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CCTV Script 31/03/17

This is the script of CNBC's news report for China's CCTV on March 31, Friday.

Welcome to CNBC Business Daily, I'm Qian Chen.

Major banks in London have tried to reassure their staff over Brexit disruption, including job shits to continental Europe, as the British Prime Minister Theresa May triggered the Article 50 on Wednesday.

HSBC and UBS have warned that they could each move about 1,000 jobs out of London

Meanwhile, Goldman Sachs was also reported to halve its London workforce to 3,000 and move its key operations to New York and continental Europe.

Now the question is - where exactly are these banking jobs going?

The two main competitors are Frankfurt and Paris.

If we make a comparison here, as you can see in the following chart.

Figures from pay benchmarking company Emolument show that Frankfurt-based analysts in investment banks earning 10% more than comparable analysts in Paris. Data from recruitment firm Robert Walters suggest that third year analysts are paid salaries of just €50k in Madrid -- which means -- 24% less than in Frankfurt.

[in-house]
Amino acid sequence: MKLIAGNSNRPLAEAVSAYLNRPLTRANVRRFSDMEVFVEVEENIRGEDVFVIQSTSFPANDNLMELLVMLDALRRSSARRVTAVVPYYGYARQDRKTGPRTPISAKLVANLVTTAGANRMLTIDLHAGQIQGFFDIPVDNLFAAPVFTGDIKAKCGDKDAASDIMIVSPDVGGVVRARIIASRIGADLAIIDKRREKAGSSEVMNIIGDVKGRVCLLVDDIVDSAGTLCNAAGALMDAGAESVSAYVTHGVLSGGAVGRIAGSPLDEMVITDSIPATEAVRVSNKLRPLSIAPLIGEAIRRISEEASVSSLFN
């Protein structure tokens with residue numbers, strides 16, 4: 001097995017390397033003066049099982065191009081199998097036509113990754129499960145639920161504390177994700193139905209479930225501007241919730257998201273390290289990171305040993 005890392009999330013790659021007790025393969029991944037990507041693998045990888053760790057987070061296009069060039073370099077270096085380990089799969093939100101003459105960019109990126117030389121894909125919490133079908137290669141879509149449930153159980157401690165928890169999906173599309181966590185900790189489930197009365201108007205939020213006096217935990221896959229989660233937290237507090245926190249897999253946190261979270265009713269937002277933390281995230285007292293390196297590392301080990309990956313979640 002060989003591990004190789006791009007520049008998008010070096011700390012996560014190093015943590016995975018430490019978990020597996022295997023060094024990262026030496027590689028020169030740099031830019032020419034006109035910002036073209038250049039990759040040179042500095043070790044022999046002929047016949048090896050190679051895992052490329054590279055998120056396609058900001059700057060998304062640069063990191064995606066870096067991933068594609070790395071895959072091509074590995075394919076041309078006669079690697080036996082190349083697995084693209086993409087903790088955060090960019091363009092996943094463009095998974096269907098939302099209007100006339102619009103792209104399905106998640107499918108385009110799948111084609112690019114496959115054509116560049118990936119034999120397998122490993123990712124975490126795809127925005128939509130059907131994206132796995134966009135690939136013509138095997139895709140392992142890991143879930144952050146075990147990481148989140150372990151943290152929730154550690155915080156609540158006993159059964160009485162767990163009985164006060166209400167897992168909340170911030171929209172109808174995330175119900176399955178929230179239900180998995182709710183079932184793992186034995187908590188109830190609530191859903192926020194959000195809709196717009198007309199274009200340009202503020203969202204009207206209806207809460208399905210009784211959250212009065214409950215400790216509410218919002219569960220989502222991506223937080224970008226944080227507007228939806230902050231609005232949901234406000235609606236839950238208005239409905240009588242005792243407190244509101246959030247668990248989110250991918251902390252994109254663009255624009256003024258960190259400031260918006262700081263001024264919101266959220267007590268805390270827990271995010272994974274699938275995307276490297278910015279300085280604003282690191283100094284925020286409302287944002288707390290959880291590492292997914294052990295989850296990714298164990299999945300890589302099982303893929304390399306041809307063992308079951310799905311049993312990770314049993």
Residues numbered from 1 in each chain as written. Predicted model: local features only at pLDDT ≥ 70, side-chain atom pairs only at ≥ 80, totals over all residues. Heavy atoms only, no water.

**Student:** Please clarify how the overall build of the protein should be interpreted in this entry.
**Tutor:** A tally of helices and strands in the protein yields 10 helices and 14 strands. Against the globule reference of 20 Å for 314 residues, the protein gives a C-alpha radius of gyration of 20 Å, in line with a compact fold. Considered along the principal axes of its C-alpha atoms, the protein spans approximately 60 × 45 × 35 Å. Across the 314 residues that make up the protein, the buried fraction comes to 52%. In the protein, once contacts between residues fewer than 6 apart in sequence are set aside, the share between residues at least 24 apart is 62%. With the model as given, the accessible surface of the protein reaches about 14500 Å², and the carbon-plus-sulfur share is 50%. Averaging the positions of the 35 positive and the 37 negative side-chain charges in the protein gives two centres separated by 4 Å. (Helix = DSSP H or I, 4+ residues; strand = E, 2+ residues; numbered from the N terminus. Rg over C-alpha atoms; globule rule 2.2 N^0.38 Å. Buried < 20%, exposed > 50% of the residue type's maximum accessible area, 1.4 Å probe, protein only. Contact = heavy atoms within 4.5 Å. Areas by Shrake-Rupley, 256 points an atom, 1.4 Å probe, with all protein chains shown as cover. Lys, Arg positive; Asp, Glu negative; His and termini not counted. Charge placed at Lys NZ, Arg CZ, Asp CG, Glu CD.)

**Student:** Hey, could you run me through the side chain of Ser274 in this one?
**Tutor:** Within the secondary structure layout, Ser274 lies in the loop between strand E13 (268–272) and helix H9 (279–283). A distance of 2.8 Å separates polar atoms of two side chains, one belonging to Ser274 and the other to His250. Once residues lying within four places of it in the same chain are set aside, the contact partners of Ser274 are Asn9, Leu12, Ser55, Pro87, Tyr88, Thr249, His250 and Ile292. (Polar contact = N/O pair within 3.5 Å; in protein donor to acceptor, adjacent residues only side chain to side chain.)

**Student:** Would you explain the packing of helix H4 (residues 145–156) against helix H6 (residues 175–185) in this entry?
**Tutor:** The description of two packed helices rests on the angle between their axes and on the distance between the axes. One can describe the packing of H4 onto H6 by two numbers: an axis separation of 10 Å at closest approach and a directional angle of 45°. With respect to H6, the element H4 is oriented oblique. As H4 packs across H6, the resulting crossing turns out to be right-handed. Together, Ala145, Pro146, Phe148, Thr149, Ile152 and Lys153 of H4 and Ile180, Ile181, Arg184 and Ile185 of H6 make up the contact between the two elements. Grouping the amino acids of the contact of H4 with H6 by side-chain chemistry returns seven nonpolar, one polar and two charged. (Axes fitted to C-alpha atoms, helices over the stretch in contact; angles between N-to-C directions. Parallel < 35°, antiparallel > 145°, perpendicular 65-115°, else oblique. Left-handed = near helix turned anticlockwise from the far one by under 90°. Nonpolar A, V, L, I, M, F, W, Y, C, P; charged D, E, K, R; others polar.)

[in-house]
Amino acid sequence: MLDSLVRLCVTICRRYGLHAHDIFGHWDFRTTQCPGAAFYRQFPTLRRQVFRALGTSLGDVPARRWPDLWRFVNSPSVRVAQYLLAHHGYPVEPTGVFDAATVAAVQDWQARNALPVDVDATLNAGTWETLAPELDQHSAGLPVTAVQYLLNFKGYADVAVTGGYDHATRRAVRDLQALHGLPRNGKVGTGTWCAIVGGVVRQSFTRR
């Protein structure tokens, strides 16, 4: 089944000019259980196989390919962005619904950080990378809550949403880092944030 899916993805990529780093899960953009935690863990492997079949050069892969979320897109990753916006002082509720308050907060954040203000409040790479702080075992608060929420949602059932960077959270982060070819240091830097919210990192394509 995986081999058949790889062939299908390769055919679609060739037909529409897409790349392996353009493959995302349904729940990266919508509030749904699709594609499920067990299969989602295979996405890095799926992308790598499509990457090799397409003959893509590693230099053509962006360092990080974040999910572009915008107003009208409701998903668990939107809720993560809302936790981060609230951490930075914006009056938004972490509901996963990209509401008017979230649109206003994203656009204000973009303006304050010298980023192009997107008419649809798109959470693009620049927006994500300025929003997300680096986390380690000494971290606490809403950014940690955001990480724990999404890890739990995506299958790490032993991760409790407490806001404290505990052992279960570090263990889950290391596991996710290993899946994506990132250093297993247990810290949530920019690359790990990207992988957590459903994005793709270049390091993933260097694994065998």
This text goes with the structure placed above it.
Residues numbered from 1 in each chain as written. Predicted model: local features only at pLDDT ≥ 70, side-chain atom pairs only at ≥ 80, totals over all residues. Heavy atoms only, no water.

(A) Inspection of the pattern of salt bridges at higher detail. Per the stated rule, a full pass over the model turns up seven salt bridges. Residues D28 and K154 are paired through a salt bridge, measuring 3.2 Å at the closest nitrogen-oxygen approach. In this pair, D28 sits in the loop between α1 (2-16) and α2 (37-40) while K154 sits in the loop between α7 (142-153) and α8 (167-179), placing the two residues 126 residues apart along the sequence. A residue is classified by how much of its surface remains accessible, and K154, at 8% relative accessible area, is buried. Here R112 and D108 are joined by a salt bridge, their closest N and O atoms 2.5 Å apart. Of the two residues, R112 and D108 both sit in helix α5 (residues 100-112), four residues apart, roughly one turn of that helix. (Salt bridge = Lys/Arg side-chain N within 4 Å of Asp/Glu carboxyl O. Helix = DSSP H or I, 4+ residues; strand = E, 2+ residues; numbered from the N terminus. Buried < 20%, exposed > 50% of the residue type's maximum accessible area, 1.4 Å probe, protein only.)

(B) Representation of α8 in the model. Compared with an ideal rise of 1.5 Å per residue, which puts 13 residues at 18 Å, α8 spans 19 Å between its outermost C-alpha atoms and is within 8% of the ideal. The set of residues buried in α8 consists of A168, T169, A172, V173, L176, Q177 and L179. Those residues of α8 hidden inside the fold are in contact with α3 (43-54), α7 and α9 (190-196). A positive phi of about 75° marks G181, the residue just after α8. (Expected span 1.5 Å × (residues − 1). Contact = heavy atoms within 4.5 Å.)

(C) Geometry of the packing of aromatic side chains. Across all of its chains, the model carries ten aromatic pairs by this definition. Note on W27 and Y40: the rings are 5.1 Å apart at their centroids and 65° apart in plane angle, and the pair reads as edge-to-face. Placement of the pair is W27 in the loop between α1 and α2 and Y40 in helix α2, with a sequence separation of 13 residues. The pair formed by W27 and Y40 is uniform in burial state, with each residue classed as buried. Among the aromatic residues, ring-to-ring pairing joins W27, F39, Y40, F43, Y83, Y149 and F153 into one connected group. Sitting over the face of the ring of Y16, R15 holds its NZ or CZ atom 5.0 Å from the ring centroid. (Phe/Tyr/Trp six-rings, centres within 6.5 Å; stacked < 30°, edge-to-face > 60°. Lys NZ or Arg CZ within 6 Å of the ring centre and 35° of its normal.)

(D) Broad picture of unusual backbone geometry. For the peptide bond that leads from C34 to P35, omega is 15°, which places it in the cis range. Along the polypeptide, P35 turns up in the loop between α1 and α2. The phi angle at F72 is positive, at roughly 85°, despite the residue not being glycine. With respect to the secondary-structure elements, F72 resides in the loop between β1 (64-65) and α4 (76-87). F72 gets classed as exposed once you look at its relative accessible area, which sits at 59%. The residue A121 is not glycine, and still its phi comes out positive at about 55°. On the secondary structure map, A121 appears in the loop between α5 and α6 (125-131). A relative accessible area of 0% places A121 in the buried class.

And even more promising for moving to Frankfurt is its low living costs. Frankfurt is the cheapest major financial center in the EU in terms of apartment rentals and office costs per employee. The combined annual expense totaled just under 30,000 euros in this German city, less than half that of Paris.

However, for longer holidays and better work-life balances, one might want to relocate to Paris or Luxembourg instead.

This chart shows you the paid annual leave and national holidays for each city.

According to figures from the World Bank, workers in Paris get an average of 41 days off per year, while in Frankfurt only get 33 days.

In addition to conditions we mentioned above, political uncertainty is another factor here.

With the French election approaching and candidate Marine Le Pen calling for a Frexit referendum, banks are still waiting before making a final call.

CNBC's Qian Chen, reporting from Singapore.

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